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GEOLOGY, ECOLOGY, AND LANDSCAPES 2021, VOL. 5, NO. 3, 199–208 INWASCON https://doi.org/10.1080/24749508.2019.1705644 RESEARCH ARTICLE Determination of local background and baseline values of elements within the soils of the Birimian Terrain of the Wassa Area of Southwest Ghana Raymond Kazapoe and Emmanuel Arhin Department of Earth Science, University for Development Studies, Navrongo, Ghana ABSTRACT ARTICLE HISTORY Received 24 September 2019 This study establishes the local background and baseline values of elements in surface soils in Accepted 12 December 2019 Wassa area underlain by Birimian rocks using probability Q–Q plots. In this study, a total of 2868 soil samples were collected. The chemical elements in these samples were analysed by XRF KEYWORDS technique. The results from the analysis were processed following Papastergios and Karim Geochemistry; Background; methods that normalized and transformed the data after which a best of ﬁt is estimated to Baseline; Environment; determine the background and baseline values. The method excludes the outliers at the Surface soil; Ghana extremities from the transformed data until the distribution follows a straight line. The method yielded the following background values in this study: 6.41 mg/kg for As, 52.55 mg.kg for Cr, 9.89 mg/kg for Pb, 10.21 mg/kg for Co and 17.18 mg/kg for Ni. The calculated baseline values were also 13.2 mg/kg, 80.7 mg/kg, 6.7 mg/kg, 6.4 mg/kg and 8.7 mg/kg for As, Cr, Pb, Co and Ni, respectively. The departure between the locally calculated background and baseline values of elements relative to worldwide accepted background and baseline values suggests the rele- vance to conduct such studies for the various geological provinces in the country as a vital step to properly and eﬀectively manage and sustain the environment against environmental health diseases. Introduction researchers either use World Health Organization (WHO) values or worldwide acceptable values instead The elements in soils have been identiﬁed as vital com- of locally established background and baseline values. ponents of the environment because they can be hazar- Background values are determined by the composition dous or essential to human health. Translocation of of the underlying rock as well as the weathering pro- these elements in soils to food chains may impact on cesses prevalent in the area and are considered as the human health. Monitoring and managing the impacts normal values of potentially polluting substances pre- of the natural environment on public health require the sent in natural soils without human inﬂuence establishment of environmental background and base- (Matschullat, Ottenstein, & Reimann, 2000). It has line values as this will guide in outlining the environ- been argued that rocks have a large inﬂuence on ele- mental risk areas. The background values provide ment contents in soils, with concentrations sometimes a guide to ascertain the presence of anthropogenic lower and above critical values (Salonen & Korkka- eﬀects that could lead to hazardous or beneﬁcial con- Niemi, 2007). However, it is almost impossible to sequences. In environmental geochemistry and health, establish natural background levels, i.e., the geochem- the background is considered as the natural concentra- ical composition of virgin soils, since atmospheric tion in environmental material devoid of human inﬂu- deposition can contaminate soils with certain trace ences. It is distinguished from environmental baseline elements (Cicchella et al., 2005, Albanese, 2014). But values that refer to the natural variations in the con- from Riemann and de Caritat (2005) human activity is centration of an element in the surface environment, at a key determinant of the level of element concentra- a determined place and time. This concept includes tions in soils. Ordinarily, places such as industrial and natural geographic concentrations (background level) residential areas are often considered as environments and the diﬀuse anthropogenic contribution in soils at higher risk of anthropogenic inﬂuences on elemen- (Kobierski & Dabkowska-Naskret, 2012). The Impact tal soil concentrations. Relatively, Alloway (2013) of this may be deleterious or beneﬁcial. recognized less modiﬁed and undisturbed areas such It is unclear if Ghana has its own background and as forests and subsistent farmlands are mainly consid- baseline values to monitor and manage the impact of ered as close to pristine zones with minimal pollution. the natural environment on public health issues. The Based on Alloway’s assertion, the establishment of available testimonies in this discipline suggest other- local background and baseline values for diﬀerent wise because earth science and public health CONTACT Raymond Kazapoe email@example.com Department of Earth Science, University for Development Studies, Navrongo, Ghana This article has been republished with minor changes. These changes do not impact the academic content of the article. © 2019 The Author(s). Published by Informa UK Limited, trading as Taylor & Francis Group on behalf of the International Water, Air & Soil Conservation Society(INWASCON). This is an Open Access article distributed under the terms of the Creative Commons Attribution License (http://creativecommons.org/licenses/by/4.0/), which permits unrestricted use, distribution, and reproduction in any medium, provided the original work is properly cited. 200 R. KAZAPOE AND E. ARHIN geological domains is critical due to the variations in within the soils found in the Birimian terrain of the the modal composition of rocks from place to place Wassa area using probability plots (Q–Q plots) as an and the numerous environmental activities. The important step towards in environmental studies and detection of the human-induced contamination in an management in Ghana. environment is properly assessed using the baseline value, which is uncommon in Ghana. The most com- Location, demography and population of monly used method of determining human inﬂuences study area on soils in works done in Ghana relies on the use of continental crustal averages and worldwide accepted The study area forms part of geological ﬁeld sheet values, which have been proven to be problematic 0503B of Ghana and covers Asankragwa, Akropong, (Arhin, Mouri, & Kazapoe, 2017). The present spate Samreboi and Bogosu, within the Wassa traditional of illegal mining and infrastructural developments area (Figure 1). The area has an estimated population coupled with population growth in Ghana makes it of 282 000 according to the 2000 National population challenging to identify undisturbed soils or virgin census (Ghana Statistical Service, 2002). The main soils. Example, illegal mining and logging, conversion occupation of the population is farming; primarily the of farmlands to residential areas tend to suggest the cultivation of food and cash crops like plantain cassava, destruction of precinct lands hence calculated local cocoa, coﬀee and rubber. Small-scale artisanal gold background values if not expressed as a range may mining and the illegal artisanal gold mining, popularly be problematic. The variable nature of element con- known as “Galamsey” are not uncommon in the area. centrations due to underlying geology, geological pro- Aside from the large-scale Wassa Mine operated by cesses and anthropogenic chemical contribution due Golden Star gold at Bogoso, there are medium scale to human activities results in variable element con- mining activities at Jukwa and Akropong. The area tents. The present research sees the inappropriateness lacks any impactful industries despite the presence of of just using the natural concentrations to establish the a few exploration companies whose activities are at the pollution status at a place because of the numerous various stages of exploratory work. The study area was processes inﬂuencing the landscape modiﬁcations. selected on the basis of the diverse rocks present in the Rather, both background and baseline values calcu- area. It represents a typical example of the Birimian lated should be determined separately for each ele- terrain which covers a good portion of the West of ment in geologically diﬀerent regions; otherwise, the Ghana. Soil samples used as part of this study were limit values for contaminated soils may be lower than taken from relatively undisturbed areas within the the natural concentrations (background levels) calcu- study area with minimal mining activities and from lated for an extensive area (Gałuszka, 2007). The fac- a deep horizon so as to be representative of the local tors that inﬂuence the soil trace element content are background and baseline values of the area. very variable. This thus makes the use of normative values of environmental legislation of other countries Physiographic and geological settings or regions or global values inappropriate, as they must be determined locally. Currently, published studies The area is predominantly undulating with the highest that have determined the concentrations and patterns points averaging about 150 m. Draining the area are of the spatial distribution of heavy metals in soils for the Tano and Ankobra Rivers. The climate is tropical virgin soils appear insuﬃcient or patchy. It was also humid with two rainfall patterns. The major rainfall unclear whether the reported work done in this dis- occurs from March to July and the minor season cipline considered geology as the source of the ele- occurs from September to early December and ments in the soils. Geological sciences reveal that Average annual rainfall is 173 mm. The vegetation in diﬀerent geological domains present diﬀerent arrays the area has been inﬂuenced by the rainfall pattern. of rock units and hence local backgrounds and base- The temperature ranges from 29°C to 24°C between line values computed for diﬀerent geological domains March and August, respectively. will diﬀer in values. Therefore, to ensure eﬀective The area is underlain by rocks of Birimian System environmental management policies based on back- and lies within the southern portion of the Ashanti ground and baseline values, local background and Greenstone Belt, along the eastern margin within baseline values must be determined for the diﬀerent a volcano-sedimentary assemblage located close to geological domains. Although a lot of studies have the Tarkwaian formation contact. A fault zone to the determined the concentration of metals and metal- east separates the Tarkwaian Formation of rock units loids in similar areas, there are no categorical studies from the Volcano-sedimentary rocks of the Sefwi which determine baseline and background concentra- group (Parra-Avila et al., 2015). The lithological tions for a speciﬁc geological province in Ghana. This sequence of the study area is characterized by study, therefore, attempts to establish the local back- a sequence of meta-volcanic (basaltic to andesitic pro- ground and baseline concentrations of elements toliths) ﬂows intercalated with metasedimentary rocks GEOLOGY, ECOLOGY, AND LANDSCAPES 201 Figure 1. Location of the study area. such as greywacke, magnetite-rich argillite and rare Results obtained from the XRF analysis were black shale layers, micaschists and felsic porphyry. The interpreted using descriptive statistical analysis. area is also intruded by granitoids and some maﬁc Information such as standard deviation, standard intrusives. Most of the granitoids correspond to typi- error, and mean for the various elements were cal tonalite-trondhjemite-granodiorite (TTG) suites calculated. All the variables were transformed (Perrouty et al., 2016). Rocks are aggregates of miner- using normal score transformation prior to the als, implying that after weathering diﬀerent types of principal component analysis (PCA), followed by elements will be released into the soils and depending the cluster analysis using a furthest neighbourhood on their concentrations may impact on the health of method. The relationshipsofelementsinsoilsam- the exposed populations. ples were presented in a component matrix and aDendrogram. The data normalities for As, Co, Pb, Cr, Pb, Ni, Mg, Materials and methods Fe, K and Mn were examined using one-sample Kolmogorov–Smirnov test (the K–S test of normality) A total of 2868 soil samples were collected, dried, and as well as the Shapiro–Wilk tests. The normalised data sieved to <106 µm fraction for elemental analysis. The was then log-transformed to achieve near straight line soil samples were conducted on a 1 km grid using distribution using Q–Q plot. Outliers that were GARMIN E-TREX 30 GPS device to navigate to the noticed in the upper and lower extreme corners for predetermined sampling points. The top 20 cm depth the Q–Q plots of the various elements were excluded of the soil was collected as a sample from a 30 cm until the distribution followed a straight line (extreme nominal diameter hole. The samples collected were high and low values, respectively). This was repeated put in labelled Plastic bags. Sample weights of 2 kg until the best ﬁtness to the straight line was achieved were collected at all sample stations. The collected following the methodology by Papastergios, samples were sent to a commercial laboratory for Fernandez-Turiel, Georgakopoulos, and Gimeno chemical analysis using XRF technique on pressed (2010) and Karim, Qureshi, and Mumtaz (2015). pellets except for gold that was analysed using Fire The Q–Q plot supported the delimiting three classes Assay. The elements analysed included As, K, Co, Cr, that included geochemical background, baseline, and Mn, Ni, Pb, Mg, Fe and Au. geochemical anomalies on the basis of their geometric 202 R. KAZAPOE AND E. ARHIN mean (g) and geometric deviations (d) following the Table 2. The ﬁve classes determined after Papastergios et al. (2011). computation as demonstrated by Papastergios, Class Concentration Fernandez-Turiel, Filippidis, and Gimeno (2011) and Negative Anomaly <g/d Papastergios et al. (2010)(Table 2). The analytical qual- Background g/d-gd ity was assessed by inserting quality control and assur- Baseline g Low Anomaly gd-gd ance samples SARM 1, SARM 2 and AMIS 17 for 2 3 Intermediate Anomaly gd -gd accuracy analysis. High Anomaly >gd g = geometric mean, d = geometric deviation. Determined after Papastergios et al. (2011) Results and discussions (McLennan & Murray, 1999). Considering the mea- Quality control and assurance analysis performed on the three certiﬁed reference materials SARM 1, SARM 2 sured average to be consistent for the entire area, the Fe uptake as a dietary supplement may be deﬁcient and AMIS 17 shown in Table 1 displayed no apparent hence cases of anaemia may be predominant. Rose, signs of contamination with precision and bias recorded primarily below 9.3%. The recovery rates for the certi- Hawkes, and Webb (1979)alsoidentiﬁed the median value for Fe as 2.1% in soils. In this study, 2.9% was ﬁed reference material (known also as standard sample) obtained for the median with a very low standard varied between 87.5% and 120% (Table 1). This is deviationof1.7.The dataforFemeanthatcertain considered satisfactory for the study relating the calcu- areas will be deﬁcientinFewhilstsomeareasmay lated recovery rates in a similar study in Rio Doce Basin have enough Fe in soils to support the dietary sup- in Brazil (Guevara et al., 2018). plementation through cultivated food in some areas. The summary statistics developed from the 2868 Another essential element that supports over 300 sample results processed to establish the local back- enzymic reactions Mg had maximum values of 1.52 ground and baseline values are presented in Table 2. wt. % and a mean of 0.19 wt. %. The upper continen- From Table 2, As averages at 17.36 14 mg/kg with tal crust had an average of 50.1% (Wedepohl, 1995). a standard deviation of 15.54. This is not very high This is several percentages higher than the maximum suggesting clustered As spread. Meanwhile, the range measured in this study; suggesting the entire area is is between 2 and 246 mg/kg meaning toxic and deﬁ- deﬁcientinMg. TheprevalenceofMg-deﬁciency cient As concentrations coexist contemporaneously. diseases will be common and require immediate pub- Toxic concentration of 246 mg/kg will pose lic health action. Mn concentration in the area ranges a debilitating eﬀect to the exposed population and from 69.00 to 2600 mg/kg, with a median value of thus required environmental monitoring to locate 159 mg/kg. The average from Table 2 is 203.84 mg/kg and deﬁne such terrains. However, comparing the but the mean Mn content of 8354 world soils was measured average values with local background and reported as 761 mg/kg by Ure and Berrow (1982) baseline values that factor element contributions from with a range of <1–18,300 mg/kg. It is clear from the local activities, chemical and surface process may Table 2 that the measured average from this study is be useful. Co values ranged from a maximum of much lower than the accepted average of 761 mg/kg 43.28 mg/kg to a minimum of 2.64 mg/kg with an in soils. Mn again is deﬁcient and may, therefore, be average value of 4.84 mg/kg (Table 2). Cr recorded a problem for those who require Mn as a dietary a maximum value of 1500 mg/kg and a minimum supplement from food. value of 12 mg/kg, the mean Cr value measured in The deﬁciencies and toxicities of essential metals in this study seems lower than the allowable global limit ma set for Cr worldwide (i.e., 200 mg/kg). jor oxides and trace elements make it an important The essential element Fe component in the oxide priority to establish local backgrounds and baseline for ranges from 14.94 wt. % – 0.44 wt. % with a mean some toxic and essential elements due to the variability in value of 3.22 wt. % (Table 2). This average is lower local environments. Also, from Figure 2,the rescaled than expected in river sediments measured as 4.8% cluster Dendrogram deﬁned four clusters that showed Table 1. Summary statistics of major and trace elements in soil samples in the study area (Unit measurements, mg/kg). Elements Min Mean Median Standard Deviation Skewness Kurtosis Geometric Mean Geometric Standard Deviation Max As 2 17.36 14 15.54 5.09 48.72 4.31 1.26 246 Cr 12 89.52 81 55.03 12.68 288.12 80.74 1.54 1500 Pb 5 7.43 6 4.93 10.82 250.07 6.70 1.48 148 Co 2.64 4.84 3.96 2.75 3.53 33.02 6.44 1.58 43.28 Fe 4 3.22 2.9 1.7 1.57 4.8 2.82 1.69 0.44 K 0.05 0.77 0.76 0.35 0.56 0.86 0.68 1.72 2.92 Mg 0.01 0.19 0.18 0.1 2.92 22.16 0.1 1.68 1.52 Mn 69 203.84 159 152.84 5.96 62.4 176.78 1.68 2600 Ni 2 10.97 9 8.62 4.68 57.02 1.98 8.67 174 GEOLOGY, ECOLOGY, AND LANDSCAPES 203 Figure 2. Dendrogram using a complete linkage to deﬁne element associations in soils. the various elemental associations. SiO in Cluster 1 is is controlled predominantly by chemical weathering. detached from all the other chemicals (Figure 2). This This weathering type will decompose the rocks and the means that soils with more quartz may contain less sulphide minerals (including arsenopyrite) associated content of the other minerals implying the SiO may be with the auriferous quartz veins possibly explaining the from the hydrothermal quartz veins reported by Kesse adsorption of As by various minerals, such as iron and (1985), Adjimah et al. (1993)and Griﬃsetal. (2000)that aluminium oxides, and clay minerals common in tropical are associated with the Birimian System of Ghana. Most soils. The high As averages obtained for Bogoso of these veins host gold mineralization and hence Akropong and Asankragwa conﬁrms As occurrence as become the target for the artisanal small-scale miners. an accessory mineral in gold ore deposits particularly In their quest to mine the auriferous quartz veins facil- hosted in the metasedimentary and volcanoclastic rocks itate the spread of the elements released from the under- of Ghana (Kesse, 1985). The geochemical variations lying rocks through weathering and erosion. Cluster 2 across the landscape as shown in Table 3 suggest the contains Th, Ti, U, and Ba, which occur as oxides, often need to calculate local background and baseline values considered as resistant minerals, unsusceptible to weath- not just for geochemical anomaly detection but for envir- ering and tend to enrich the secondary environment onmental health management towards the attainment of (Cornu et al., 1999;Scheinost, 2005). The MgO, CaO, sustainable development goal on wellbeing and good Zn,Mn, Cr,Ni, V, Fe,and Al areassigned Cluster3, health for all. The knowledge of the local background which was ascribed to the underlying geology. Lead (Pb) and baseline concentrations of elements in speciﬁcareas and Cu occurred with the sulphide minerals and these are essential for environmental studies on health are linked to the auriferous quartz veins deposited as part (Salminen & Tarvainen, 1997). of the hydrothermal deposit in this area (Kesse, 1985, Adjimah et al., 1993, Griﬃs et al., 2000). Similarly, the Sr, Background and baseline calculations and their Na O, Rb, and K O assigned in one group (cluster 20) 2 2 usefulness in environmental health monitoring may mainly occur in the mineral lattices. The dissocia- tion of the metalloid As (in a single cluster) from other Papastergios et al. (2011)method(Table 3)was used to elements suggests its special feature in the environment. calculate the background and baseline values and other It is possible that As has a weak relation to the underlying variables useful in assessing element impacts in the rocks, but may be found in hydrothermal veins common environments is presented in Table 3. The background in the metasedimentary and volcanoclastic rocks similar values expressed as a range in this study (Table 5) to Pb and Cu in this area (Kesse, 1985). The deep weath- appear to have values diﬀerent from continental crustal ering resulting in thick regolith proﬁles at the study area values calculated by Taylor (1964) and Rudnick et al. 204 R. KAZAPOE AND E. ARHIN Table 3. Recovery rates for the various elements. SARM 1 SARM 2 NCSDC 73,334 NCSDC 73,310 BLANK AMIS 17 ELEMENTS AVG CRM RR AVG CRM RR AVG CRM RR AVG CRM RR AVG CRM RR AVG CRM RR As 2.8 2.6 107 19.2 18.4 104 496.9 492.1 101 110 109.6 100 2.7 2.87 94 4.3 3.9 109 Cr 21 18.5 112 23 22.8 101 31 29.5 105 Fe 2.72 2.6 104 3.31 3.1 106 1.36 1.28 106 6.54 7.1 91 MgO 0.4 0.45 88 0.07 0.04 143 1.32 1.05 120 0.52 0.7 65 0.51 0.31 139 19.51 20 97 Pb 8.8 9 98 39.3 37.2 105 500.4 499.8 100 296 298 99 25.7 26.1 98 42.3 43 98 *AVG = Average *CRM = Certiﬁed Reference Material *RR = Recovery Rate No certiﬁed values are available for the areas left blank (2003). The disparities in local background values and not be accurate for the study area and will result in the continental crustal values may lead to diﬀerent speculative conclusions that may be detrimental to predictions and hence a promulgation of unreliable human health particularly for the toxic elements. environmental policies Example the application of The safest approach is to use the calculated baseline using Table 3 in calculating the background value; values in the study because it incorporates element placed As baseline value at 13.29 in this study compared concentrations in both precinct and contaminated with the global As values ranging between 10 mg/kg and soils. The calculated baseline values for As and Cr in 15 mg/kg. The calculated As value though falls within the study shown in Table 6 appear to be in a similar As worldwide As range but show great contrast between in column 2 and Cr in column 4.All others are diﬀer- Webb et al. (1979), Zhu, Williams, and Meharg (2008) ent because of the diﬀerent environmental activities and Italian reference values for soils for Arsenic. The and variations in the underlying geology forming the contrast in background/baseline values from diﬀerent soils. From Table 4 and using Sinclair's Experiential geographic locations from the established local back- model (1991), the background limits for As, Cr, Pb, Co ground/baseline values could lead to several detrimental and Ni in soils for the study area were 6.41 mg/kg, outcomes to expose people in the aﬀected areas. For 52.55 mg/kg, 9.89 mg/kg, 10.21 mg/kg and 17.18 mg/ instance, if As background is set at 20 mg/kg (Table 6)it kg, respectively, for the Birimian of Southwest Ghana. will lead to an outbreak of As-related diseases because The choice of these background values incorporated the people eat what they grow. The authors anticipate the global accepted values for these elements and the the contrast between the calculated local baseline values consequences thereof when toxic elements particularly with the existing globally accepted values to bring some exceeded these accepted global values. distortions in environmental policies. This thus may A background value ranging between 4.1 and inﬂuence strategies to remediate health issues linked 10.2 mg/kg and a baseline value of 6.4 mg/kg was to excess toxic elements or depleted essential elements. determined for Co. This indicates that 1437 samples From Table 6 no single calculated baseline value is the (50.1% of the 2868 samples) belong to the background same for diﬀerent geographic locations for the ele- class. These values are below the normal Co range of ments. It meant the adaptation of worldwide accepted 100 mg/kg for maﬁc rocks and 1 mg/kg −15 mg/kg for values or WHO accepted values may be tricky because acidic rocks (Kabata-Pendias, 2010). Weathering the controls on element concentrations depend on the mechanisms that transform and distribute Co in soils underlying geology, local environmental activities, soil- are very complex due to their diﬀering oxidation states forming processes, geochemical, chemical and physical and also the prevalent microbial activities (Ma & processes. Similarly, if we compare the baseline values Hooda, 2010). The baseline value for Co is 8.0 mg/ with crustal averages (Table 5) the likely conclusion is kg. This, however, is higher than the measured base- As and Cr contaminations with depletions of Pb, Co line value of 6.44 mg/kg in the study. Cobalt acts as and Ni in surface soils. It is therefore imperative that a bio-essential trace element for bacteria, plants, and using upper continental crustal (UCC) averages as humans in the natural environment. The low baseline a baseline to monitor environmental health issues may value calculated implies inadequate Co supplies to −1 Table 4. Geochemical background and anomaly threshold values (mg Kg /wt%). Min Negative Anomaly Background Baseline Low Anomaly Intermediate Anomaly High Anomaly Max As 2.00 6.41 6.41–27.56 13.29 27.56–57.14 57.14–118.47 176.67 246 Cr 12.00 52.55 52.55–124.06 80.74 124.06–190.62 190.62–292.88 6519.23 1500 Pb 5.00 4.54 4.54–9.89 6.70 9.89–14.59 14.59–21.54 44.86 148 Co 4.00 4.07 4.07–10.21 6.44 10.21–16.16 16.16–25.60 41.52 65 Fe 0.44 1.67 1.67–4.76 2.82 4.76–8.02 8.02–13.53 7.95 14.94 K 0.05 0.39 0.39–1.16 0.68 1.16–2.00 2-3.44 0.46 2.92 Mg 0.01 0.06 0.06–0.17 0.10 0.17–0.29 0.29–0.49 0.01 0.92 Mn 70.00 110.00 110.00–281.60 176.00 280-450 450-730 31,249 2600 Ni 2.00 4.38 4.38–17.18 8.67 17.18–34.04 34.04–67.43 75.21 174 GEOLOGY, ECOLOGY, AND LANDSCAPES 205 Table 5. Comparison of estimated background values (milli- of 176 mg/kg. This shows that 2117 samples, repre- grams per kg of dry weight) with the continental crustal senting 73.8% of the total 2868 samples collected, fall averages. within the background class. Other studies revealed Element This Study Continental crustal average Mn to be among the most abundant trace elements in As 6.41–27.56 1.8 the environment (Caballero, Trugo, & Finglas, 2003). Cr 52.55–124.06 100 Pb 4.54–9.89 12.5 The human body has been identiﬁed to contain Co 4.07–10.21 25 12–20 mg of Mn, of which most of it is found in the Ni 4.38–17.18 75 liver, bones and kidneys. It is thus needed for normal skeletal growth and development. It is also essential Table 6. Comparison of estimated baseline values (milligrams for glucose utilization, lipid synthesis and lipid meta- per kg of dry weight) with the values published in the bolism, cholesterol metabolism, pancreatic function literature. and development, as well as prevention of sterility. Element 1 2 3 4 5 Manganese is again important for protein and nucleic As 13.29 14 9.92 9.4 20 acid metabolism; it thus activates enzyme functions Cr 80.74 36 100.56 79.3 150 Pb 6.69 - 33.05 19.5 100 and also involved the thyroid hormone synthesis. Co 6.44 - 22.62 9 20 Deﬁciency of Mn results in; fatness, ataxia, blood Ni 8.67 - 31.97 19.45 120 clotting, skin problems, lowered cholesterol levels, 1 = This study 2 = Jiangxi Geochemical Survey (1987) skeleton disorders, birth defects, reduced immune 3 = Webb et al. 1978 function, impaired glucose metabolism, changes of 4 = Soil background in Taihu, China (Zhu et al., 2008) 5 = Italian reference values for soils, D. LGS 152/2006 hair colour and neurological symptoms. Obtaining the correct baseline values for these elements for the local area may help in developing a workable environ- mental policy that may reduce the incessant environ- plants and humans. This thus makes environmental mental health issues in the study area. monitoring of Co still important because Co concen- Other trace elements considered in this study tration levels can reach hazardous levels in humans as included K and Cr. Background value for K was deter- its bioaccumulation may damage vital organs such as mined as 0.39 wt.% −1.16 wt.% with the corresponding the lever, kidney, pancreas, and heart (Czarnek, baseline of 0.68 wt.% (6800 ppm). The analyses with Terpiłowska, & Siwicki, 2015; Lange et al., 2017). respect to the background value showed about 73.2% Magnesium recorded a background value ranging samples out of the total collected samples to be within between 0.062 wt. % – 0.173 wt. % with a baseline of the background class. Since it is an essential mineral 0.103 wt. %. From Mg data set, 2094 samples (i.e., 73% micronutrient that acts as an intracellular ion for all of the 2868 samples collected) have values in the back- types of cells; the low concentrations in soils may impact ground class. The source of Mg measured in the sam- on the population if their source of dietary supplement is ples may be from the ferromagnesian-rich rocks viafood.Italsoplaysaroleinthe maintenanceof ﬂuid reported by Kesse (1985) to underlie the area. and electrolyte balance. A dietary survey in the US indi- Magnesium notably is essential for human develop- cated the average dietary K intake is about 2,300 mg/day ment. Its toxic eﬀects to humans are yet to be deﬁned. for adult women and 3,100 mg/day for adult men. However, its deﬁciency has an association with Diseases related to K-deﬁciency may not aﬀect the popu- numerous diseases (Rude, Singer, & Gruber, 2009; lation and there will not be the need for K-supplemented Whang, 1987). The calculated average-Mg value is pills to make up for K-deﬁciency in the US. But the same low. In such circumstances, dietary Mg from food might not be said about the study area where most areas will be a challenge from a dietary source. The net eﬀect have K-concentrations in the background class. may be an outbreak of Mg-related diseases. Similarly, Correspondingly, Cr had a background value between background values established for Fe ranged from 1.67 52.5 mg/kg- 124.1 mg/kg with a baseline value of wt. %-4.76 wt. % and a baseline of 2.82wt%. The data 80.7 mg/kg. From the chromium data 2037 samples on Fe show that 1989 samples (i.e., 69.4% of the 2868 (71% of the 2868 samples) belong to the background samples collected) belong to the background class. class. Cr contents similar to these values are associated Iron is an essential element that controls the oxygen- with acidic and argillaceous rocks (Kabata-Pendias, carrying haemoglobin and myoglobin at a suitable 3+ 2010). Most soil Cr exists as Cr and is marginally dosage. Anaemia is associated with Fe-deﬁciency, 6+ mobile in very limited acidic media. Cr has been while the Fe-excesses are related to Fe-overload, 3+ reported to be toxic for plants and animals whiles Cr which could cause hemochromatosis, liver, heart, in certain doses has a detrimental eﬀect for the biochem- and pancreatic damages, and diabetes (Siah, Ombiga, ical activity of soils (Shrivastava, Upreti, Seth, & Adams, Trinder, & Olynyk, 2006). Chaturvedi, 2002). There are Cr-related diseases which In addition to the discussed elements, the back- can be evaluated for geographic area relative to the ground values recorded for Mn ranged from 110 mg/ calculated baseline value of Cr. kg- 281.6 mg/kg with a corresponding baseline value 206 R. KAZAPOE AND E. ARHIN Ni calculated background value in the study 6.41 mg/kg for As, 52.55 mg/kg for Cr, 9.89 mg/kg for ranged from 4.4 mg/kg- 17.2 mg/kg and Pb, 10.21 mg/kg for Co and 17.18 mg/kg for Ni. The a calculated baseline value of 8.7 mg/kg. A total calculated baseline values for As, Cr, Pb, Co and Ni of 1992 samples (i.e., representing 69.5% of the were 13.2 mg/kg, 80.7 mg/kg, 6.7 mg/kg, 6.4 mg/kg 2868 samples collected) belong to the Ni back- and 8.7 mg/kg, respectively. The inconsistencies in ground class. As seen in the study, the distribution calculated background and baseline values relative to of Ni is similar to Fe and Co. Ni occurrence in the the worldwide values further underscore the need to area may be associated with the underlying sul- conduct environmentally health-related studies. The phide-associated rocks (Figure 2). authors conclude that local background and baseline Another known toxic element Pb reported value application to establish hotspots and cold-spots a background value ranging from 4.5 to 9.9 mg/kg of disease-causing elements as a vital step in environ- and a baseline of 6.7 mg/kg. The data set shows mental health management. that 82.7% of the samples ﬁt the background class of Pb. The low Pb values obtained in the study could be the primary Pb in the underlying rocks Acknowledgments hencesourceisgeogenic. Whilst thehighPbassays The appraised soil geochemical data were obtained from recorded in the area may be associated with the European Development Fund (EDF) Project 8-ACP-GH chalcophile element corridors in the underlying -027 carried out in Ghana between the government of rocks or from human-induced activities. Some con- Ghana and the European Union. The authors greatly appreciate the funds released for the project. The support tributions might come from the Light Industries in kind from members of the International Medical Geology where vehicle fumes, oil spillages and vehicle bat- Association (IMGA), Ghana Chapter served as a source of teries can introduce Pb into the environment. motivation to the authors to complete this investigation. We Elsewhere, Pb concentration levels exceeding humbly appreciate your kind contributions and hope you 100 mg/kg was linked to industrial pollution in will encourage others who want to address environmental health issues via medical geology research. Our indebted countries such as Japan and Great Britain (Bellis, thanks are extended to all the reviewers for their helpful Satake, Noda, Nishimura, & McLeod, 2002;Markus comments and suggestions. &McBratney, 2001) A comparison of the baseline values calculated in this study with the average crustal values and similar Disclosure statement works conducted shows that the baseline value of Co is relatively low (Table 5 and Table 6).Thebaseline No potential conﬂict of interest was reported by the authors. valueofCriscomparablewithvaluescalculated for Taihu in China and slightly lower than the average crustal value for Cr. The calculated baseline for Ni in ORCID this study is relatively low compared with the average Raymond Kazapoe http://orcid.org/0000-0002-0307- crustal value and other values calculated for Ni as shown in Table 4. As baseline 131.2 mg/kg falls in the Emmanuel Arhin http://orcid.org/0000-0002-1724-8307 range estimated by global accepted value in soils (10 mg/kg – 15 mg/kg) but outside the Italian refer- ence value for As in soils (20 mg/kg). Food and most References drinking water are exported so this baseline for As Albanese, S. (2014). Determination of the geochemical back- may not lead to any environmental health problems. ground and baseline in the soils of Campania region: an Adapting this value will result in As-related diseases overview. Ecoremed, Napes,1–25. such as heart diseases (hypertension-related cardio- Alloway, B. J. (Ed.). (2012). 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Geology Ecology and Landscapes – Taylor & Francis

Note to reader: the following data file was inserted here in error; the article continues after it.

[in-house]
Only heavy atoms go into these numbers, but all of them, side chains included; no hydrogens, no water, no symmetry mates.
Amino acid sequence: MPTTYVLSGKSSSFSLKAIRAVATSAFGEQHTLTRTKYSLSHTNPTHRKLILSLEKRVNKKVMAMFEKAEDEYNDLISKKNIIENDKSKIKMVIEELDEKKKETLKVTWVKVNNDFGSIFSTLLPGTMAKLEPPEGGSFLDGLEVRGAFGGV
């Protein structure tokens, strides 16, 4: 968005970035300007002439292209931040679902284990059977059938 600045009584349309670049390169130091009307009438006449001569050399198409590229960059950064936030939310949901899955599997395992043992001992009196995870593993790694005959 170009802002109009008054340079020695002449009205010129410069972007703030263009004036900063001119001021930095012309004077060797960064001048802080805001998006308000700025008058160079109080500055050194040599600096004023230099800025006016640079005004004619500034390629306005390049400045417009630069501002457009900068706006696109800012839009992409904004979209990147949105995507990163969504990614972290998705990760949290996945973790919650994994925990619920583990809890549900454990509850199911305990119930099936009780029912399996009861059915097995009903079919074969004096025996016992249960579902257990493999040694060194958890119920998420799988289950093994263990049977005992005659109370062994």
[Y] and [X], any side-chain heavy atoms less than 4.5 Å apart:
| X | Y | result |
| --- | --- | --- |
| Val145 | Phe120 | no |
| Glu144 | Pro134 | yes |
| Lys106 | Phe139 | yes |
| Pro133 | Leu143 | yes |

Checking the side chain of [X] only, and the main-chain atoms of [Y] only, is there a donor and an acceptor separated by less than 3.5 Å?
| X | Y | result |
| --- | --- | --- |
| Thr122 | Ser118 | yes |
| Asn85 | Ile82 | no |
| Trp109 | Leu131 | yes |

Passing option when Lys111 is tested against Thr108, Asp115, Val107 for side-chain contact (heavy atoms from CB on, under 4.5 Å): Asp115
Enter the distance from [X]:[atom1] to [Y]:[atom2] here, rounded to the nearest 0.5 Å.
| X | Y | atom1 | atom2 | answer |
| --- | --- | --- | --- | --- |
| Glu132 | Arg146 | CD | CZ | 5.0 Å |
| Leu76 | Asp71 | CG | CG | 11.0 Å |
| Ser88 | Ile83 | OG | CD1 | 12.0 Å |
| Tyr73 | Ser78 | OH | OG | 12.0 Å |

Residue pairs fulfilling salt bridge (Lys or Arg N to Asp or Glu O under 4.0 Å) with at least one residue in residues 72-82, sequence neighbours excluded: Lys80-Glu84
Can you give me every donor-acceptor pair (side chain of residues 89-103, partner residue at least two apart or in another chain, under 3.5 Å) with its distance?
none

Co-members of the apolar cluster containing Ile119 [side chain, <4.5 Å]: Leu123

Published: Jul 3, 2021
Keywords: Geochemistry; Background; Baseline; Environment; Surface soil; Ghana